Without the kids.
Yesterday, August 2nd, was our 20th anniversary. It is the first time in years that we even remembered it and, in fact, it marked the second time Bob planned a getaway entirely on his own (the first being a trip to Vancouver, BC when he was there touring with "Ragtime" about 13 years ago). I should also tell you that this anniversary trip was my birthday gift. (I'm still trying to figure that one out, but I digress). Bob made a big deal.
I need to back this up 20 years to explain why Bob felt he needed to make such a big deal about this. You see, 20 years ago, when we actually got married, I did everything. I got our friend Charles to babysit the kids for the short weekend we would be gone, I made air travel arrangements and hooked a business trip on to it so that we could write it off, I arranged for all the certificates, made the appointment at San Francisco's City Hall, made reservations at a boutique hotel that I loved there (The Majestic), I packed and planned and scheduled and all Bob had to do was arrange what we would do on our 2 day honeymoon. So up we flew to San Francisco, we rented the car that I arranged for, met my friend Cyndy (maid of honor) for drinks, went to his brother's where he and his partner Steve, made us a beef wellington that I still dream about. We got up the next morning, got married, had a lovely reception (thanks again, Rick and Steve), went to the lovely hotel (with upgrade!), and the next morning when we got up and I asked Bob what we were doing, his answer was: "I don't know. What do you want to do?" Ring his freaking neck was what I wanted to do but instead we got in the car and drove to Napa and visited some wineries (when I still drank) and had a nice time but it wasn't really different from a little day excursion you might do when you're bored and suddenly get inspired to have a change of scenery. I didn't complain. Afterall, I was a newlywed - but I haven't let him forget it since - so this time - he got it right. He booked a fabulous getaway to a resort in Palm Springs complete with a-m-a-z-i-n-g spa package, fabulous dinners, breakfast in bed, etc. Everything was scheduled and planned to the tee and it was very, very nice. Good job Bob.
But it was still us. So it had to be a teeny bit weird. Driving to the dessert, I noticed our conversation was a bit, well, disconnected. I talked about my feelings, he talked about the economy. It was sort of like dialogs from two different plays being spliced together. Made no sense. But then, that that's how we roll.
So first stop was the Aerial Tram which was nice, then the resort which was beautiful and a superlative dinner. The tuna tartare was so delicious I nearly fainted. Late night swim, a big misunderstanding with bruised feelings (gotta have one of those), long talk, got back on track, breakfast in bed, spa treatments, and off to dinner again.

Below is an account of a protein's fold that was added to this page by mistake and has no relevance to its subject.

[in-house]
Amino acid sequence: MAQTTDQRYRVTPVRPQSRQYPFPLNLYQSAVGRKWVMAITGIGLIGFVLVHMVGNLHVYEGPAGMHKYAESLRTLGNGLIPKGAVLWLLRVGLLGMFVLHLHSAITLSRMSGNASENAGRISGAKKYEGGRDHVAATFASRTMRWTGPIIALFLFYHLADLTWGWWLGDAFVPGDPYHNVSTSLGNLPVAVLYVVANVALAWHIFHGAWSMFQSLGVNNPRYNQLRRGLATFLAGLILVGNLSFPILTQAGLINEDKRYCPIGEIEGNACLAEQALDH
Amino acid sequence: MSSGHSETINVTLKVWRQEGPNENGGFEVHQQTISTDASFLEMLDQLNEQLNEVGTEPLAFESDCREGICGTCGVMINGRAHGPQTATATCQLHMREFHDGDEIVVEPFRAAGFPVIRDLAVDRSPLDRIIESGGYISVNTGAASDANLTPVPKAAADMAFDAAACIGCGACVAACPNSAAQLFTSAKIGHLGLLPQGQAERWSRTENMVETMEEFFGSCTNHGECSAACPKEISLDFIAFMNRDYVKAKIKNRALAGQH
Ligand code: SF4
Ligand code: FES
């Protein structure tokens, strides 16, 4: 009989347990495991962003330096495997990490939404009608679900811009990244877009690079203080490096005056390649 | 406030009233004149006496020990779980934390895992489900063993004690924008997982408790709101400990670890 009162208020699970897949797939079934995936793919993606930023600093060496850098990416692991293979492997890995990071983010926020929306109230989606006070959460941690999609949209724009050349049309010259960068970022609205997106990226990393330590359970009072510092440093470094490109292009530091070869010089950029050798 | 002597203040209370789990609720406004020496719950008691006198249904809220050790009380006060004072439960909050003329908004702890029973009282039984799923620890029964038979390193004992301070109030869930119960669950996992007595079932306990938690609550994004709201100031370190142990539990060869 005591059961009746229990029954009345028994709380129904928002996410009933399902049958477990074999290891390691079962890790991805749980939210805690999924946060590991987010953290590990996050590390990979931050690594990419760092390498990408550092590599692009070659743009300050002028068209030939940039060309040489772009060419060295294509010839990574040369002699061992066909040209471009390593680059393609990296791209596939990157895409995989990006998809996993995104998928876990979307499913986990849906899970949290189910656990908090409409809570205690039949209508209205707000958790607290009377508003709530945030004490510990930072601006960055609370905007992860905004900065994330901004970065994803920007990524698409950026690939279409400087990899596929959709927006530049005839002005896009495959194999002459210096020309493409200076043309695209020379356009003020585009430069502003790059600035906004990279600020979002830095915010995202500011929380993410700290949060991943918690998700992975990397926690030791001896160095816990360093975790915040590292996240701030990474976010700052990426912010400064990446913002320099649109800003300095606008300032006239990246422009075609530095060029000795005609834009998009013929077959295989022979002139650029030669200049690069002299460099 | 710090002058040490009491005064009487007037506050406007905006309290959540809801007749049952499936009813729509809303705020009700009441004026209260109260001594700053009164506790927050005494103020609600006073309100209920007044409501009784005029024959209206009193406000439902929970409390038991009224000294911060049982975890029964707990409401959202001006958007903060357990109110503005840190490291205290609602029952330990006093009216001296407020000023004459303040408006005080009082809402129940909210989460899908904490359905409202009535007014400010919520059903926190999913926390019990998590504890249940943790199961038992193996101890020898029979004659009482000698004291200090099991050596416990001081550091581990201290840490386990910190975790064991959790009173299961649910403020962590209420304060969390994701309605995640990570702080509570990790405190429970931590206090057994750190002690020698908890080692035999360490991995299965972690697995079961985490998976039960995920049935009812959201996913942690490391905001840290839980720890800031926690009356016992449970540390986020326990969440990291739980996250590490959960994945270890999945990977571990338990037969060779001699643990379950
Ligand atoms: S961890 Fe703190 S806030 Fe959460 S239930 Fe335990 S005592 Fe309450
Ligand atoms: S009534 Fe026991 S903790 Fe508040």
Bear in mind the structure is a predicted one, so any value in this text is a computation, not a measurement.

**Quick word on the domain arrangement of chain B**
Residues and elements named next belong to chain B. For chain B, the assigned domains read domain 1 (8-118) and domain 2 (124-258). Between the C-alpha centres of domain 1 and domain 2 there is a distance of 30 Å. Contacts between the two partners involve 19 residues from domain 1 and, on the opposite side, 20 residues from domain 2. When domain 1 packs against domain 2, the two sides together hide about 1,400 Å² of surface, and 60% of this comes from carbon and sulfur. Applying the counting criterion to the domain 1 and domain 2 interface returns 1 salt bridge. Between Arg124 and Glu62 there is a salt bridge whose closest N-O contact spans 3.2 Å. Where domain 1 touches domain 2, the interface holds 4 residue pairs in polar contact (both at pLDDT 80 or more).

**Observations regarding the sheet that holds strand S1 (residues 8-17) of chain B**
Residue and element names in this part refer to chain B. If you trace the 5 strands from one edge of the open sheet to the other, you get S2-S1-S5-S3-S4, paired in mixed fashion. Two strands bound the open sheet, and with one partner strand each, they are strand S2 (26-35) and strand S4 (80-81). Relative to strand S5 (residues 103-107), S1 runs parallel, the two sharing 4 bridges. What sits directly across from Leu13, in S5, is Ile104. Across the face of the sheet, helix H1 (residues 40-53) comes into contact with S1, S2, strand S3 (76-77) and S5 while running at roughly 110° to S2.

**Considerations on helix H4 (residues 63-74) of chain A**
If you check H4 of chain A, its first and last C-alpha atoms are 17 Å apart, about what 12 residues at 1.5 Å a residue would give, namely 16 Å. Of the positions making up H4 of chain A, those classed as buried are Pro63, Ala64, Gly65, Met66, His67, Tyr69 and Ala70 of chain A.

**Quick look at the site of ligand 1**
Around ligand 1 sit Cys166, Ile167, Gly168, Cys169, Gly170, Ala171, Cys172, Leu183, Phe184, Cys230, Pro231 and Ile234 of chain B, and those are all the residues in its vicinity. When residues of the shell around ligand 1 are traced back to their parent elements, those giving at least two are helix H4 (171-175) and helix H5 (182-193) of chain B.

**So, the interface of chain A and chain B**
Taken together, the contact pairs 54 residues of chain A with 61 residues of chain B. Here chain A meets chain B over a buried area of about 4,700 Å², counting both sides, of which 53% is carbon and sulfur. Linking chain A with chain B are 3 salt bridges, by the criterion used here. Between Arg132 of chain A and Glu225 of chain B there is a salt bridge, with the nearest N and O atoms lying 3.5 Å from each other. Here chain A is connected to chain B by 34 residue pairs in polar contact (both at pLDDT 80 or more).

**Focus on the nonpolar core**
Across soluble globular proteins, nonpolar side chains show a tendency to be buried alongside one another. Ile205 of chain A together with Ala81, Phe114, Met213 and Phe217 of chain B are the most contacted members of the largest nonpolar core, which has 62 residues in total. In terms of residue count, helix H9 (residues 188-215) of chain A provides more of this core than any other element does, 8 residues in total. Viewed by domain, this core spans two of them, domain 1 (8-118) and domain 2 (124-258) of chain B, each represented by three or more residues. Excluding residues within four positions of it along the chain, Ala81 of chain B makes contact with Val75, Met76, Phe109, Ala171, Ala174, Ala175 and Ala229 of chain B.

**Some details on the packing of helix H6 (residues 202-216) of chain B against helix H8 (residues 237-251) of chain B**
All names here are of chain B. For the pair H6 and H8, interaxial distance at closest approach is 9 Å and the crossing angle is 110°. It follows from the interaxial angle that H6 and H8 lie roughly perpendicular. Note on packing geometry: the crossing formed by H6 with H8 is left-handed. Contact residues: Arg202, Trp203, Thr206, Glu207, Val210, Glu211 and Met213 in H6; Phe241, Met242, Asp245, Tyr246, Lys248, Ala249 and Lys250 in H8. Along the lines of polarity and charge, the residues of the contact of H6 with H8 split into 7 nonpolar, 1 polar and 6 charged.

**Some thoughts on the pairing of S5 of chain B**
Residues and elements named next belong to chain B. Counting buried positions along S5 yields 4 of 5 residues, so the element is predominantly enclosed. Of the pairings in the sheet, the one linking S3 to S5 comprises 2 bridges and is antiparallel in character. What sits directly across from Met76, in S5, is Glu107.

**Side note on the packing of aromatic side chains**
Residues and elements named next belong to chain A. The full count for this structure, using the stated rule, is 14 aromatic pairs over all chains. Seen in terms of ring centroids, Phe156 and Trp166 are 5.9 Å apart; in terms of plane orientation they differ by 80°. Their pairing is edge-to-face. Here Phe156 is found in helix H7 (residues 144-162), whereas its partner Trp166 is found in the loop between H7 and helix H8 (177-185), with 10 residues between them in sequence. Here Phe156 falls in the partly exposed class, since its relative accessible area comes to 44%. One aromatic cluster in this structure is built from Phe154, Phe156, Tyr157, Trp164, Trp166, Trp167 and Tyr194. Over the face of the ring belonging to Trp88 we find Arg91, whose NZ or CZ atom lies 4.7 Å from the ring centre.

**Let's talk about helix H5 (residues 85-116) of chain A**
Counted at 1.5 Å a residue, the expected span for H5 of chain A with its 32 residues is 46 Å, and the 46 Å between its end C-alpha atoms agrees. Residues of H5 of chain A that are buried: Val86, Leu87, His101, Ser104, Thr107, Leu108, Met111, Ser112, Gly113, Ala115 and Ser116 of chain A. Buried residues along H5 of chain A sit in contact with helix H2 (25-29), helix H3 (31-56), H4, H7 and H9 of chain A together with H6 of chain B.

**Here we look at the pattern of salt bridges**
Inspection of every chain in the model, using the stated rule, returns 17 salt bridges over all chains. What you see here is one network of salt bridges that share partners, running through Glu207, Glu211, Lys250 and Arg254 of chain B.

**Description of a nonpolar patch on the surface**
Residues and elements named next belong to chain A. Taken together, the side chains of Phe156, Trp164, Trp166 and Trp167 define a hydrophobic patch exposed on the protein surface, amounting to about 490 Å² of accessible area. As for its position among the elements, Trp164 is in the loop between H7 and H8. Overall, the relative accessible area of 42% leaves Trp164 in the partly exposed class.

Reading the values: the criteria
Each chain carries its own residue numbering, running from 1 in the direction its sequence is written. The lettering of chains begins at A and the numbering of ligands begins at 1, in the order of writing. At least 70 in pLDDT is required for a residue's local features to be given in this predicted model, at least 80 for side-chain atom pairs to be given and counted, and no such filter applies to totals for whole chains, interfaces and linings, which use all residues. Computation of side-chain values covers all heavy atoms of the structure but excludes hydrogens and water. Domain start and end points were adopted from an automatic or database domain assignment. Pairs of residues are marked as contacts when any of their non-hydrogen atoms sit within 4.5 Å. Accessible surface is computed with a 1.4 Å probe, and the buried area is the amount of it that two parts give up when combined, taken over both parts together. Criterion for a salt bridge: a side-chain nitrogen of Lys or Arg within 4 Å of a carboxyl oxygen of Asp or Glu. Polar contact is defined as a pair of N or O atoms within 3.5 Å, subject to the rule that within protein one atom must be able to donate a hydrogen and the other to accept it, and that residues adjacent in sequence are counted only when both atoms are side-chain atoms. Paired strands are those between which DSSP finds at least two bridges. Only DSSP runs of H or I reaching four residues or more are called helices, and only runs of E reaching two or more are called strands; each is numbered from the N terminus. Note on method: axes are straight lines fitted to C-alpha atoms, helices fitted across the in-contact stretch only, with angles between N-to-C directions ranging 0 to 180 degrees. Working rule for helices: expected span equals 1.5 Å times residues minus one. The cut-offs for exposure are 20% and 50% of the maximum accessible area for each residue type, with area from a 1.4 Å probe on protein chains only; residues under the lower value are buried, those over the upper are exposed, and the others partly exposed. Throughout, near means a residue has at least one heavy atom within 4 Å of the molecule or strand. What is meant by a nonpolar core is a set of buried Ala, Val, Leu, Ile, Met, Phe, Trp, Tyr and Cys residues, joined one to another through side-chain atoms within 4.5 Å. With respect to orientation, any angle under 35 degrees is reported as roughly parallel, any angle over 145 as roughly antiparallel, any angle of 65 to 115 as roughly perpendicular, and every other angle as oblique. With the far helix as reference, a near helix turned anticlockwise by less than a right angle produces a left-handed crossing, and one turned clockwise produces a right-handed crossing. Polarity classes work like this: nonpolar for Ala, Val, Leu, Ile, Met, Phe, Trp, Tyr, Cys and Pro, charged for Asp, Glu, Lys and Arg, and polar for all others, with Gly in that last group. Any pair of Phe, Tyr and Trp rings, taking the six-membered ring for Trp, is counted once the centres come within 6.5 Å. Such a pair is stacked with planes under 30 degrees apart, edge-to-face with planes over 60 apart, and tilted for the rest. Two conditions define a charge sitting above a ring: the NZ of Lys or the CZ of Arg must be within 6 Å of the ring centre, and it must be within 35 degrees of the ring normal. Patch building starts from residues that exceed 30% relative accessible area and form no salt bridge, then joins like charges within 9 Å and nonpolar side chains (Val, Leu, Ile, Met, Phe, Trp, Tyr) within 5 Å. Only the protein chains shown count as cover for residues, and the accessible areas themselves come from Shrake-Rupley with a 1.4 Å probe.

Oh by the way, it's like 112 degrees outside. Even at night. With occasional bursts of rain. But we weathered it anyway and drove into town for a dinner at "The Tropicale". First of all, this is the coolest place in the desert. Not the temperature but the atmosphere. It is designed to look like it was built in about 1962. It succeeds. When you walk in you feel like you're on a set from "Mad Men" - complete with high backed, foam green circular booths, moody pink spotlights hitting the walls and vintage 60's wall ornaments, mid-century style cocktail bar (with blue sugary cocktail drinks loaded with alcohol) a piano and bass playing a repertoire of "swingin'"arrangements of Rogers and Hart songs - the kind that made stars of singers like Eddie Fisher and Vic Damone. Lots of rumba beats ending with a cha-cha-cha button. Groovy. And you know it is a great place to eat because you cannot help but notice the moment you walk in that the clientele is made of of two distinct, but discerning connoisseurs - wealthy senior citizen locals and gays. Bob ordered one of those blue
cocktails and I nursed my cranberry juice with sparkling water and we ordered an amazing meal. But Bob had been a grown up for nearly 48 hours and could no longer contain himself so he had to let the little boy out to play and I was relaxed enough to just go with it so I snapped a photo. I think the fact that we were fairly hidden by the high backed booths helped. It reminded me of so many times when Bob had to behave inappropriately just for the sport of making me want to kill him. But this time, I didn't.
Bob couldn't wait for the sun to go down entirely so we could see the place in full swing, but as misfortune would have it, a big chunk of Palm Springs suddenly lost power so we sat there in the glow of a single table candle until the waitress in her polynesian style bowling shirt came to us with a hand-written bill while we worked out payment in the dark. They were closing. And we were ready. By this time, without the air conditioner, sweat was pouring from our brows. At least we finished our dinner.
With all the enthusiasm of ourselves as newlyweds 20 years ago, we planned to see a movie, go back to the bar at our hotel for a drink and then for one last late night swim, but one by one, each plan failed to materialize and when we got back to our room and Bob started the search for his "TUMS" and I contemplated packing, we automatically rolled into bed with books and TV - early. We were sad that age had taken all the "late night party" out of us, but it felt good to be settled in. It was wonderful.